Press Release: 27th November 2018
15 year old school girl racing driver competed in her first International Formula 4 Championship race in Asia last week, posting some impressive times, showing she’s more than ready to step up to the FIA F4 class in 2019.
The Essex based youngster secured the drive in the F4 South East Asia Championship round at the world famous Sepang F1 Circuit in Malaysia with the help of an existing sponsor, GoBobby.uk, a Website Hosting and Domain Name Registration business based in England, who came up trumps with just two days before the deadline.
The youngster told us how the deal came together, she said, “The organisers in Asia contacted me directly and offered me the opportunity to race out there. They’d been following my career progression and offered me the last three rounds, sadly I couldn’t do the other two in Malaysia and Thailand as I had prior commitments, but when they spoke to my management team, they agree a deal for the Sepang round; I was so excited! We still had had to find the budget to get us out there, upgrade my race licence and our passports but also had to ask my school, St Clere’s in Stamford- Le-Hope, Thurrock, if they’d be willing to let me have the time off too. The school were awesome, offering me the chance to go as it was clearly a massive career move, an opportunity that doesn’t come along every day. They made sure I had plenty of homework to do on the 14-hour plane journey’s though, so I didn’t fall behind, which I was grateful for. Everything fell in to place just in time.”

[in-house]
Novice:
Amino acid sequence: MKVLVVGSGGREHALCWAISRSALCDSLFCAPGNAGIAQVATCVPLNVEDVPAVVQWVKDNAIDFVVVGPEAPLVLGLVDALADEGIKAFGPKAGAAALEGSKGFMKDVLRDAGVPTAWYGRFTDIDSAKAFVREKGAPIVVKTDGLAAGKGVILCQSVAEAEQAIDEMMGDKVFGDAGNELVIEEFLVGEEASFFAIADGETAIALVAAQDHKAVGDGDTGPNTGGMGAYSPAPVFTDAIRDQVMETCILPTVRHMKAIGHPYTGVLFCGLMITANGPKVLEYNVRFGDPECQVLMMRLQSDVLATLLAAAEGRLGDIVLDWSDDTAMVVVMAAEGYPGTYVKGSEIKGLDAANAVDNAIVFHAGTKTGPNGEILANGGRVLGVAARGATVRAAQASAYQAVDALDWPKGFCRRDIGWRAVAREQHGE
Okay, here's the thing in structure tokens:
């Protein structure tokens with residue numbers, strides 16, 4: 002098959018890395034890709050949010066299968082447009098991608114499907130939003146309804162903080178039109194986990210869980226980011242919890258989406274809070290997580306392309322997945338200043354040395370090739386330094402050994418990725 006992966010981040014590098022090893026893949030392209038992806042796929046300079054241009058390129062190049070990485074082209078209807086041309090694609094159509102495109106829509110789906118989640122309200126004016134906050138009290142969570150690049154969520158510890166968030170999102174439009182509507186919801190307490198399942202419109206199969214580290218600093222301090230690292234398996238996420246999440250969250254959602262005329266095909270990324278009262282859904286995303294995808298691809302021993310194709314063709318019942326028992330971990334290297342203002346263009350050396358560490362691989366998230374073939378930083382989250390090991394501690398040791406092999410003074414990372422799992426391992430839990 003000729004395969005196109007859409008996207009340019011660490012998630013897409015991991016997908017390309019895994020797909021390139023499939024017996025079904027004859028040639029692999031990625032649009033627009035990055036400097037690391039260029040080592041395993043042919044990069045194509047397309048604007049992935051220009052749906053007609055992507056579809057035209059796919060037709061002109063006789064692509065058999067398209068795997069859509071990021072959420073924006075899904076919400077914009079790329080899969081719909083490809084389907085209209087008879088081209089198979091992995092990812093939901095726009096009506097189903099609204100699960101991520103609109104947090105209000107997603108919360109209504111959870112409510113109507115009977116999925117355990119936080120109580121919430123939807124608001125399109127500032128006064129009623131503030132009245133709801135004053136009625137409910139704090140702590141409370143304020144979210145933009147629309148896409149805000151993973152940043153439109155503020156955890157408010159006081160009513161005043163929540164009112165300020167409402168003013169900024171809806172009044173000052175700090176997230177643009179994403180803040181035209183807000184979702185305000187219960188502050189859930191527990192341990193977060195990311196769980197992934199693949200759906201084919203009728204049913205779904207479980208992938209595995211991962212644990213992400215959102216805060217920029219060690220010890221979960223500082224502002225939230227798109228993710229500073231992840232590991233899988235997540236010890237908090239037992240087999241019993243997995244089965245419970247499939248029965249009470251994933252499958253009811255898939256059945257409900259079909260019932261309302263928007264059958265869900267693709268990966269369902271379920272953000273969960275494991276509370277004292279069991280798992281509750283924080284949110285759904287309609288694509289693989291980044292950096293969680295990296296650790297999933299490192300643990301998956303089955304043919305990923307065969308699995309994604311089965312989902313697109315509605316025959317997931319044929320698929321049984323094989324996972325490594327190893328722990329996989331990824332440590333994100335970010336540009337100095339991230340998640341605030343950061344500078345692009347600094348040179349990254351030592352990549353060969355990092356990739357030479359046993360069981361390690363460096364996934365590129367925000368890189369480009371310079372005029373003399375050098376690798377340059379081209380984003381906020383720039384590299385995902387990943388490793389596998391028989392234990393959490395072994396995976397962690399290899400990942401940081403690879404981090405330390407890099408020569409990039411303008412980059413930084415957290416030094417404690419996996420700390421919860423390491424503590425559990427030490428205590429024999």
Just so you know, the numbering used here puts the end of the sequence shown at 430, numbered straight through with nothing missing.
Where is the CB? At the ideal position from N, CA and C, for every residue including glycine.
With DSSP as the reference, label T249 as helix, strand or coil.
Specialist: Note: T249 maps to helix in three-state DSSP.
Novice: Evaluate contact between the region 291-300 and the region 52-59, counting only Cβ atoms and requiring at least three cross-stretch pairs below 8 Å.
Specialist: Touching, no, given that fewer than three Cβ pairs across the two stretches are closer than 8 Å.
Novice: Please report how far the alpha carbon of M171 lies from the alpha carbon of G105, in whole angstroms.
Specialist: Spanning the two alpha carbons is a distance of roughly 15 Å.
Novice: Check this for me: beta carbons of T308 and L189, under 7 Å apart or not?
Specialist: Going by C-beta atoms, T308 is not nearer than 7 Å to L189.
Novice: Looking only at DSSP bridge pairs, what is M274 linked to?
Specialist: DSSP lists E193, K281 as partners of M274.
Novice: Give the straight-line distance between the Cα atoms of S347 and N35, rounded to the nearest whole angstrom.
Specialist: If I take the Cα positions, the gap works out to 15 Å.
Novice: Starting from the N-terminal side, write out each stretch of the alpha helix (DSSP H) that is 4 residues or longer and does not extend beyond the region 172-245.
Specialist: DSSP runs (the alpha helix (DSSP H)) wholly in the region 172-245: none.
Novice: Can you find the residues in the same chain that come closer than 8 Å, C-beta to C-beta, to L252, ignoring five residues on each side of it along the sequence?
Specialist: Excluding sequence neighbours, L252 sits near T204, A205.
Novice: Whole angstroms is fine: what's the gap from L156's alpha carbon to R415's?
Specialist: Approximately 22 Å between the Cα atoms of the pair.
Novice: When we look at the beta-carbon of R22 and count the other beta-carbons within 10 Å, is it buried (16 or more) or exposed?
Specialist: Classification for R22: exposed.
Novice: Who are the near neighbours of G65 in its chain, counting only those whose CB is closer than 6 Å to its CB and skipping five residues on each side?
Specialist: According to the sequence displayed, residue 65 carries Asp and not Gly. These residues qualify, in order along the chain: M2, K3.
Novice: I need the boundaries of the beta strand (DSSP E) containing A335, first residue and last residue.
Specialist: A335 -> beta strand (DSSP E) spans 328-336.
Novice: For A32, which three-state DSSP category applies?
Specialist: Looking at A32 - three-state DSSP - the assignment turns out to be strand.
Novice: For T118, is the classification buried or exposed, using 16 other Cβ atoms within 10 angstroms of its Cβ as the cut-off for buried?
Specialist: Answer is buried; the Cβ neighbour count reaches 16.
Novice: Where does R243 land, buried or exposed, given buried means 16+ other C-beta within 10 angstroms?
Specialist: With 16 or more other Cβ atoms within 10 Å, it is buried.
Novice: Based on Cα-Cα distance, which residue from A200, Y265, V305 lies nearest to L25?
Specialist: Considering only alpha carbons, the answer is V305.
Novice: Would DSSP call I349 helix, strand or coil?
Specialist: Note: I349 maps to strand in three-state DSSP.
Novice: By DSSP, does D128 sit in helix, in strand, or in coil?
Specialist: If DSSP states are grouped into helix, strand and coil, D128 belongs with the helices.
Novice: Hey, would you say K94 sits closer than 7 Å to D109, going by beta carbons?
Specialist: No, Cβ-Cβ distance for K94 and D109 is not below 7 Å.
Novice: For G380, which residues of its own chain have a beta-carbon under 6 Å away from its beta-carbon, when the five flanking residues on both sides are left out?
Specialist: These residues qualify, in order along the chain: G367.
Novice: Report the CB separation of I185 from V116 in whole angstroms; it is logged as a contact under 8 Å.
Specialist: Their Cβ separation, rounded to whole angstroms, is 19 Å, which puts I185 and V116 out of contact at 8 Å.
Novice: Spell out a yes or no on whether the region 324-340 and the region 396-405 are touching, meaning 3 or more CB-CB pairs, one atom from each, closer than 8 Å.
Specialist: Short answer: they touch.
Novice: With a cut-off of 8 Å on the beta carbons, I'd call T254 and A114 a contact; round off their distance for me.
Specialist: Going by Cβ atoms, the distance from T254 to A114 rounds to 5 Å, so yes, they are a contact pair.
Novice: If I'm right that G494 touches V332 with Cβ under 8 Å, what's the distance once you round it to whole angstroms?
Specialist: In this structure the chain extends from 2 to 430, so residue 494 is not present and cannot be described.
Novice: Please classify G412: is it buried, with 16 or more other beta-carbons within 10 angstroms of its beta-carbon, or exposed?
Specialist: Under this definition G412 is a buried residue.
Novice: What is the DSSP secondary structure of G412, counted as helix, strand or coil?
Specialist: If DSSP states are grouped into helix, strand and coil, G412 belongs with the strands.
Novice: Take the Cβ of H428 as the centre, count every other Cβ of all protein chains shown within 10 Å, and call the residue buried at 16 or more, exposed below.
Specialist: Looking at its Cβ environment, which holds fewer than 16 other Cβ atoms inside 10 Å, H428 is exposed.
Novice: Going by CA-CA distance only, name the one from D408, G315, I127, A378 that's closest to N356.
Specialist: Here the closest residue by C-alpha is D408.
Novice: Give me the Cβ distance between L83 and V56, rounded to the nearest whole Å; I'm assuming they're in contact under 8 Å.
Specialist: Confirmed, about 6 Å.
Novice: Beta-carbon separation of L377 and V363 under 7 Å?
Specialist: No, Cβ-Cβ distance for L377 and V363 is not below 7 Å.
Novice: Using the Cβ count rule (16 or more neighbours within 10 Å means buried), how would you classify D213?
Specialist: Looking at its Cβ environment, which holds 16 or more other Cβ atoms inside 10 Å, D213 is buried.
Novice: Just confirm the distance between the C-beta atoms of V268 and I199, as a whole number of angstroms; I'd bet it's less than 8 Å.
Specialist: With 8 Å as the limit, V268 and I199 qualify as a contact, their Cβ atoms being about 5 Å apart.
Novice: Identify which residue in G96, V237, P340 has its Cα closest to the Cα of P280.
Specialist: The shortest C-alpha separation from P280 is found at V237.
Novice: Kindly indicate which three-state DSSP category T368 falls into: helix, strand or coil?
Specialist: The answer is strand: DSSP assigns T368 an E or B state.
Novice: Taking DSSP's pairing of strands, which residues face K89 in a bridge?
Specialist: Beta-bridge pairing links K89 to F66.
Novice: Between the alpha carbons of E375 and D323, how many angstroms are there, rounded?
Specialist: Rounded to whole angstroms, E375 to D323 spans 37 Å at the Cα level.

“As soon as I arrived, the team introduced me to my personal team; my mechanics, my performance engineer, data engineer and driver coach, as well as the other drivers, then they sat me in the car and poured my seat (all drivers have their own moulded seat made). They’d already set the steering column length, the pedal box position and the ballast in the car (all the cars end up the same weight) based on my size and weight which they’d asked me before I even left the UK,” said an excited Linscott.
Her manager recalls the week’s schedule, “it was full on from the word go; seat fitting, race suit fitting, mechanical changes to the car to suit Emily’s physical size and shape, and two 1 hour on-track test sessions for the first two days, free practice and qualifying, plus the additional media interest in her too, meant she had little time to relax, but as demanding as it was, she rose to the challenge and met it head-on with her usual diligence and professionalism that makes her the sponsors dream that she is.”
As one of just two drivers on the grid to not have been driving the F4 cars all season, Emily was treating this as part of her winter testing programme. Her immediate thoughts on the circuit was one of wonder and amazement as it challenged everything she knew about racing, with every conceivable type of corner one could wish for, including gradient changes, ultra-high speed corners (flat in 5th gear), high-speed direction changes, off camber hairpins and two long (930m) straights, on which she would reach over 145mph on before hitting the brakes hard for a hairpin at the end of each. The 5.543km (3.444mile) long circuit is notoriously tough but very rewarding for a driver.
Her practice times proved to be good and her pace throughout the dry and wet conditions were above expectations and her qualifying run meant she would line up on the grid in 9th place.
Even before the start of Race 1, her car had shown signs of playing up, not allowing her to select gears seamlessly on the sighting lap, but there was nothing that could be done now. As she slowed up to take her position on the grid for the start of the race, her car just shut down; the engine stopped and electrics went too. The start lights came on, then off, as the other competitors raced away, leaving Emily still trying to sort out her car’s issue. She got it going and tore off in pursuit, some fifteen seconds adrift of the last place driver, who was just going out of sight through turn 1 as Linscott moved off her grid position.